• Mary Ellen Gambutti

As the Holidays Approach...

Updated: Feb 4

A wholehearted welcome!



Whether or not adopted, we may have mixed feelings about the days ahead. Anxiety may accompany shopping and crowds (catalogs--just saying), COVID, the weather, family travel, and so on.


Leaves lose their glorious color, browning under threatening skies. If there are little ones around, they lift our spirits. But, thoughts may return to the elders who have passed on. My adoptive mother, Agnes, died a year ago July, and I'll miss my habit of spending time with her in Pennsylvania, our former home.


Dad moved Mom and my grandmother to California for his last government position when I was in my mid-twenties, and struggling in my first marriage. They lived there for twenty-five years. I recovered and remarried, but never reconciled with my father. I brought Mom east to live near my husband and me when Dad died, and because she needed help with my nana. Those times demanded my stepping up--I owed it to them both for the loving care she and Nana had given me. Albeit her difficult expression of affection toward me, I know my adoptive mother loved me.







I want to let you know that I have re-activated my Blogger account. It had been inactive for months while I focused on writing my new memoir. And it has been reborn with a fresh name.


No worries! I don't intend to overload you with missives! In SC Ruth Ann, Adopted Writer I'll record my continued efforts since 1993 to glean information about my birth family. I found my biological mother and maternal family in spite of the South Carolina sealed birth record law. (There is new legislation proposed, which won't likely make it better for adoptees.)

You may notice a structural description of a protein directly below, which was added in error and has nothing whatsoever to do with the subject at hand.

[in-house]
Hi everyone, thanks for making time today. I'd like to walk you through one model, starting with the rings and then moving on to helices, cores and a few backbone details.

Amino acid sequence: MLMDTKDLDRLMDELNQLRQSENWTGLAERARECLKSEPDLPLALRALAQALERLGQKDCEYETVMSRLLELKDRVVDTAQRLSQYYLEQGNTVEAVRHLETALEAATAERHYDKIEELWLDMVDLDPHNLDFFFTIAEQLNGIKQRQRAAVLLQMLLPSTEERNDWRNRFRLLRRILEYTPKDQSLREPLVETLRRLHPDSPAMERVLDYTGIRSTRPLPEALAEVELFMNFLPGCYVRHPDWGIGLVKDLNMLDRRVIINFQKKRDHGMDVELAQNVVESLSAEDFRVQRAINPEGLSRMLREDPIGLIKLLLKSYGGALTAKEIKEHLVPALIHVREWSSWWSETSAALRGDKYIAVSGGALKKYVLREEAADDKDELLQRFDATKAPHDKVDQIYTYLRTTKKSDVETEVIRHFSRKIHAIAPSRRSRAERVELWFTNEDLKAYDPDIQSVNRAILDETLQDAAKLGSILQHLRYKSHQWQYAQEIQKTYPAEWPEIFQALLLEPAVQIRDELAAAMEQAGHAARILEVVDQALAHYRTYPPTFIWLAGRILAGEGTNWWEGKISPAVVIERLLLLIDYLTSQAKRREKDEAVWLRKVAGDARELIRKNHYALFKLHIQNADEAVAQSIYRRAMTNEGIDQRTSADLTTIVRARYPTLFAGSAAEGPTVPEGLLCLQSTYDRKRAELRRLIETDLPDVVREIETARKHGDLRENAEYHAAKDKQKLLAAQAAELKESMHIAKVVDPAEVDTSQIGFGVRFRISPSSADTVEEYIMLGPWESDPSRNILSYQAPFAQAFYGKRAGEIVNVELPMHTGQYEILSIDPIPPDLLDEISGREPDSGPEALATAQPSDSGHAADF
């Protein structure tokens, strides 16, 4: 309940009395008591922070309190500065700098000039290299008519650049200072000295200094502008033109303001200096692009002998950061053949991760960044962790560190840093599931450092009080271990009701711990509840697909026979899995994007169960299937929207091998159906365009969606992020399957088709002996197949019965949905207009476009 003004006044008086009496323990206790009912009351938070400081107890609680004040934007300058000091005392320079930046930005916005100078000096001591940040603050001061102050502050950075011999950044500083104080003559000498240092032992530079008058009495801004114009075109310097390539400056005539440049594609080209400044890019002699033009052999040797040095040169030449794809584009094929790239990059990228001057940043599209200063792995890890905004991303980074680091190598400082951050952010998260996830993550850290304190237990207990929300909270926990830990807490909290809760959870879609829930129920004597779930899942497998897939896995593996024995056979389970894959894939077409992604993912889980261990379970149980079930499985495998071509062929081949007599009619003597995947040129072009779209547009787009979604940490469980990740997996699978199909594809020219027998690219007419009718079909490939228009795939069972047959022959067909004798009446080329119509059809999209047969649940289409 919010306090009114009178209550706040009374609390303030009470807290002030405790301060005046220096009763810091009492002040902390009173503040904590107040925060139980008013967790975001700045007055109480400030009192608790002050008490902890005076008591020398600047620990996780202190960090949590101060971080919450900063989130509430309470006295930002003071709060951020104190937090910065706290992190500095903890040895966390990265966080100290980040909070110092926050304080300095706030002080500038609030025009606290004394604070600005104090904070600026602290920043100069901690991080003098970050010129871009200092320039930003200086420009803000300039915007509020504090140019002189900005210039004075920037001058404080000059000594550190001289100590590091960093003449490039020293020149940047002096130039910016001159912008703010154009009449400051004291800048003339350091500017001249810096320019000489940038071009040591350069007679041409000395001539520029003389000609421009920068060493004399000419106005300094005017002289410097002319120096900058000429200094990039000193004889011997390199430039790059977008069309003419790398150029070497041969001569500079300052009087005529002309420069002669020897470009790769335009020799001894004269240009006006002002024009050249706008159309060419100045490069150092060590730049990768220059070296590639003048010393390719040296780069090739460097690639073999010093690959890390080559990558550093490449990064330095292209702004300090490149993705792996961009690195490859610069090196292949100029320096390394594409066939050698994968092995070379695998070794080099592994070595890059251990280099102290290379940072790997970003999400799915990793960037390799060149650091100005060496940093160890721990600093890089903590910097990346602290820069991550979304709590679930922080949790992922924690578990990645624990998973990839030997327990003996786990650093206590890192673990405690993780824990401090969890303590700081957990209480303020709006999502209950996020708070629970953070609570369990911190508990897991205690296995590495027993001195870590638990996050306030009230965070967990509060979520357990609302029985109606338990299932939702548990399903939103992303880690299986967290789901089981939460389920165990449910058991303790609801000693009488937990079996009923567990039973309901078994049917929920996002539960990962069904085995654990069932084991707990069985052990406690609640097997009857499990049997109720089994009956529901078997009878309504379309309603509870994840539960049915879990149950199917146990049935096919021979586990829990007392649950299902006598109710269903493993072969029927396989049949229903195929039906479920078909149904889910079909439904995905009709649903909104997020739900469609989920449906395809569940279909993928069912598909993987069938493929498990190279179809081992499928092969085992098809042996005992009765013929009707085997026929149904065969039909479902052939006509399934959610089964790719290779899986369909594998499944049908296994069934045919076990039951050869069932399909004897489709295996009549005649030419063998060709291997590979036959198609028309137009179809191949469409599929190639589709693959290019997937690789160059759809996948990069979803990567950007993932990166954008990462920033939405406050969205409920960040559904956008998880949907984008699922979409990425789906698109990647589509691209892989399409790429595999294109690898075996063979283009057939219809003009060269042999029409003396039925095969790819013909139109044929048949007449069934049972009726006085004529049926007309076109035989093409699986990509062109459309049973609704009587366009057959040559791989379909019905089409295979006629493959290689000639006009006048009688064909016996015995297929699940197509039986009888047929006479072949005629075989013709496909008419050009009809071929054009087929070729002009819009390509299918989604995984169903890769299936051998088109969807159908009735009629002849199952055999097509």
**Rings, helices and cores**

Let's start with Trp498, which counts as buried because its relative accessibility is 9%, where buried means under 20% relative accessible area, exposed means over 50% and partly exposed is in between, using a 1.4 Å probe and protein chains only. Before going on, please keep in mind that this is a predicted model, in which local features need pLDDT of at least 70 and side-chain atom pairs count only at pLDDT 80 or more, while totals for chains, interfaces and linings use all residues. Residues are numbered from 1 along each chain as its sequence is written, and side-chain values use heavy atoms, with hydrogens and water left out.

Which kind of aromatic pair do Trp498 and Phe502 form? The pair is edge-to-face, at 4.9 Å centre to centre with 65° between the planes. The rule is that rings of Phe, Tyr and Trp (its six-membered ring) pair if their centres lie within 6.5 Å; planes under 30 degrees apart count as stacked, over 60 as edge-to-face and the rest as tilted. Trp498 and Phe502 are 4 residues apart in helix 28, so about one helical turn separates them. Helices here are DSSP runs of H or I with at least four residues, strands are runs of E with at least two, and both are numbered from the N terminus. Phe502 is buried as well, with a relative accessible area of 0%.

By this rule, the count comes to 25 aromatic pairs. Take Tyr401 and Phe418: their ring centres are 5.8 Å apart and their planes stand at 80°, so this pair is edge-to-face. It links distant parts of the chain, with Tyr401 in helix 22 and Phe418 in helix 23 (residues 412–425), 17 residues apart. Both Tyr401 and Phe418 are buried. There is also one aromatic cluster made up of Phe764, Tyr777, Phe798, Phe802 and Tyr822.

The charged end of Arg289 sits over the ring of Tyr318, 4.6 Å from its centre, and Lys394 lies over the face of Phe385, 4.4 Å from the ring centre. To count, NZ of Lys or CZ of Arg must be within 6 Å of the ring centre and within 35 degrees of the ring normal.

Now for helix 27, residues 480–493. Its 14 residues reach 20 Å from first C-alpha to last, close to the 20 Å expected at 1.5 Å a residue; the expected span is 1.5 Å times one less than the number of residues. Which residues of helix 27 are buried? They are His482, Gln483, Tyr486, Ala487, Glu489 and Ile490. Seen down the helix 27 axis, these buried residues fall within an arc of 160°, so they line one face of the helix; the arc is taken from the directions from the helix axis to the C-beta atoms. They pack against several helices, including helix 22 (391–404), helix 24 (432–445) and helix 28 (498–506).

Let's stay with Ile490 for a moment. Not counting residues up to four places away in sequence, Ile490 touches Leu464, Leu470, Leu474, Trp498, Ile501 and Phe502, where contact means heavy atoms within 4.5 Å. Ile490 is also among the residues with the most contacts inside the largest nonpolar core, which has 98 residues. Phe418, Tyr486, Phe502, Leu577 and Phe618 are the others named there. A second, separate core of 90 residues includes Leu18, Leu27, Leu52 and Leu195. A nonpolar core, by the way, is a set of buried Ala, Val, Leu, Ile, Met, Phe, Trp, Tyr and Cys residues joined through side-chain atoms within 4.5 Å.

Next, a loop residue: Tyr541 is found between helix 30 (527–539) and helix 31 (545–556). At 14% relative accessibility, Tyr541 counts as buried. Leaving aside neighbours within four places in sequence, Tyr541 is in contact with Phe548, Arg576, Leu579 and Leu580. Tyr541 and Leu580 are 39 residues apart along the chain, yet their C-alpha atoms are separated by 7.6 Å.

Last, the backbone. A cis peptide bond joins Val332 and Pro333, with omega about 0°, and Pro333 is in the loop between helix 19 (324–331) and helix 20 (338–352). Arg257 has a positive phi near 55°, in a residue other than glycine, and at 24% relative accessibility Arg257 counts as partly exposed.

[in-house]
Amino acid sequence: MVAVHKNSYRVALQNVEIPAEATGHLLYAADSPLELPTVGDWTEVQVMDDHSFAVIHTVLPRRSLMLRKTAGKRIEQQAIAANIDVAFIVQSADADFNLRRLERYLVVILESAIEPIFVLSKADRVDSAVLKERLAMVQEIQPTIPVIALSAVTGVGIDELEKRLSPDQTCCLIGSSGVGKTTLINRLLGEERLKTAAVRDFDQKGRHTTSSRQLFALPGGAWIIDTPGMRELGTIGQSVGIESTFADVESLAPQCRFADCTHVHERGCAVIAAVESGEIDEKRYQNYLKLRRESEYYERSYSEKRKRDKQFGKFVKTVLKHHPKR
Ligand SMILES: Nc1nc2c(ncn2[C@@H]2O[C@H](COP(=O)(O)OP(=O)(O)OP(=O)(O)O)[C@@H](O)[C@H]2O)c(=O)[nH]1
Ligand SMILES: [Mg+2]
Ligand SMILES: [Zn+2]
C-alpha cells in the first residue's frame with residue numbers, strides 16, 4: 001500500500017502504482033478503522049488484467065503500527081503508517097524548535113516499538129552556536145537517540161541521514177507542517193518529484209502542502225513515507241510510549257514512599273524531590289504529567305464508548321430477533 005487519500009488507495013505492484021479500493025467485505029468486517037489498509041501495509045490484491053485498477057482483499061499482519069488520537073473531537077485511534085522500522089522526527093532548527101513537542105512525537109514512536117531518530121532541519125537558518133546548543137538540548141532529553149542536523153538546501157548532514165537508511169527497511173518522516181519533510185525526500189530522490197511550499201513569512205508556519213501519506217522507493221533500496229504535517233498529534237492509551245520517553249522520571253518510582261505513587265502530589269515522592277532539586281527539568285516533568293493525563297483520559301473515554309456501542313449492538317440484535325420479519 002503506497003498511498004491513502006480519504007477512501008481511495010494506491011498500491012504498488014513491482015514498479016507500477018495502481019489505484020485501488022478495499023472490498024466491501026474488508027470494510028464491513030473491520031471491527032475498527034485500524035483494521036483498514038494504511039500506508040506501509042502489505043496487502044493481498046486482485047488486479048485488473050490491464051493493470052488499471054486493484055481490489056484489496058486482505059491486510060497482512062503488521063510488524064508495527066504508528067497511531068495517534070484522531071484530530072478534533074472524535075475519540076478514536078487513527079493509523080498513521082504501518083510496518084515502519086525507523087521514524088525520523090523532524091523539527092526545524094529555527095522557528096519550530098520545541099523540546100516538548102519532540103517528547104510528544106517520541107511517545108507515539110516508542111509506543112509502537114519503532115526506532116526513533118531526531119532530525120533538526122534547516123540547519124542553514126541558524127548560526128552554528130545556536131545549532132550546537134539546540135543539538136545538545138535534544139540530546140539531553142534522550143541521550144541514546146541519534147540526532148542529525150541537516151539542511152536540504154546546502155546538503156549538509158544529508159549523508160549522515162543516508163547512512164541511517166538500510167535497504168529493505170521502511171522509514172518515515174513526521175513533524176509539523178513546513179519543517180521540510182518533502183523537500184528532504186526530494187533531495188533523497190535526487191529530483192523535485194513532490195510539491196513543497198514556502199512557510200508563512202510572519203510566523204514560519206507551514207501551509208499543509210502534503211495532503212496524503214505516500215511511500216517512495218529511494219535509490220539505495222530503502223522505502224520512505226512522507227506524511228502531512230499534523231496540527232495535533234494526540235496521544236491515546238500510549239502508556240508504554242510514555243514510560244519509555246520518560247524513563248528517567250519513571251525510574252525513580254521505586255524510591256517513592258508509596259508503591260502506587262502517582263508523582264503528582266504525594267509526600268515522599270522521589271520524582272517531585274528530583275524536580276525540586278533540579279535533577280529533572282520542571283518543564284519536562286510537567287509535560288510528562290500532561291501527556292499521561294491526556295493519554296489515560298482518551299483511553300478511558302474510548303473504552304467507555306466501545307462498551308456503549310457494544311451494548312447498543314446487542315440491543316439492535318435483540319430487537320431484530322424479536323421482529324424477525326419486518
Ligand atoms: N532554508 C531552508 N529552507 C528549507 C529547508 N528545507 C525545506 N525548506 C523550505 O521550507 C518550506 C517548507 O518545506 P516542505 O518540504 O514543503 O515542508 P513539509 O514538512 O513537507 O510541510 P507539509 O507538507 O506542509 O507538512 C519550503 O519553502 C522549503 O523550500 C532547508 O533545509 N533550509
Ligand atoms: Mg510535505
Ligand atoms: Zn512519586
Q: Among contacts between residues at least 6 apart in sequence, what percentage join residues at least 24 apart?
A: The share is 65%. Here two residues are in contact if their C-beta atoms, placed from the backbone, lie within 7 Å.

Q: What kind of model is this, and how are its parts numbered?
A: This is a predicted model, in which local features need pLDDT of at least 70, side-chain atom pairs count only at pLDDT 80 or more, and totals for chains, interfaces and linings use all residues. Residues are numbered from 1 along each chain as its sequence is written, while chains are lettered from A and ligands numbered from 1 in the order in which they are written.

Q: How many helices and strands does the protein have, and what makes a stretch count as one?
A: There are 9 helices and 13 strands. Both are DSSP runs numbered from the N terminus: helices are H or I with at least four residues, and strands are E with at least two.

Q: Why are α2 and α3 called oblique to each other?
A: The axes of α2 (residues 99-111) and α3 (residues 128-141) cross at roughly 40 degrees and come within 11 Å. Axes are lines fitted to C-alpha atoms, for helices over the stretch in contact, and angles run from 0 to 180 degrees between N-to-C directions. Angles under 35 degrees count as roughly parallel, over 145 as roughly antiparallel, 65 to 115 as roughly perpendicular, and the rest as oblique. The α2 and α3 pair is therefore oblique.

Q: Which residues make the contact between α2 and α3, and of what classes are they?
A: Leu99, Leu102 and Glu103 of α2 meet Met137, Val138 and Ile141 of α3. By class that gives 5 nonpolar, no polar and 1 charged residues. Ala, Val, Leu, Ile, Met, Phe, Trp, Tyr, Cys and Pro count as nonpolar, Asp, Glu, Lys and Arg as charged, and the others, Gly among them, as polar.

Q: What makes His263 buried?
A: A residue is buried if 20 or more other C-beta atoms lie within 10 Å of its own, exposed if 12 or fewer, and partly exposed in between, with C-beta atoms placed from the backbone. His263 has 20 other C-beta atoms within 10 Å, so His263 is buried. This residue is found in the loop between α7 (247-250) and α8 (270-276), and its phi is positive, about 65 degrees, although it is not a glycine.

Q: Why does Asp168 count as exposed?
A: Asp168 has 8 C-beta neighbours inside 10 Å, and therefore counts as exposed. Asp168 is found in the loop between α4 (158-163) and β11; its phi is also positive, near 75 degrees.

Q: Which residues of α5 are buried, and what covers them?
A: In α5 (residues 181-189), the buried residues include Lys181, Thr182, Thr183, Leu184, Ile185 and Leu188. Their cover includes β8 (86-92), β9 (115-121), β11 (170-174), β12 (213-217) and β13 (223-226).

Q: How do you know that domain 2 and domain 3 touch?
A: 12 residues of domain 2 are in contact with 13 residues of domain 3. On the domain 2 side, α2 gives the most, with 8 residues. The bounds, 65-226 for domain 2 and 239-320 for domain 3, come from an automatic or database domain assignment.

***


My new memoir, to be released in early 2022, traces my stories of loss and recovery of identity and heritage. I'm so excited to share it with you!


I Must Have Wandered: An Adopted Air Force Daughter Recalls


is a lyrical hybrid that reflects, in creative non-fiction, on my very early days, impressions of early childhood, my life as an Air Force adopted daughter, and the impetus to search for my biological origin. My memoir is a collage about a baby girl born and relinquished in 1951, a life of loss and separation, and privilege.

I hope my book benefits women and men who have been similarly touched by adoption, as well as those who have wondered, will find meaning in my personal stories of loss, quest, and recovery, of self and identity, and the joy of connection.

Thank you for continuing to follow me on my writing journey there!






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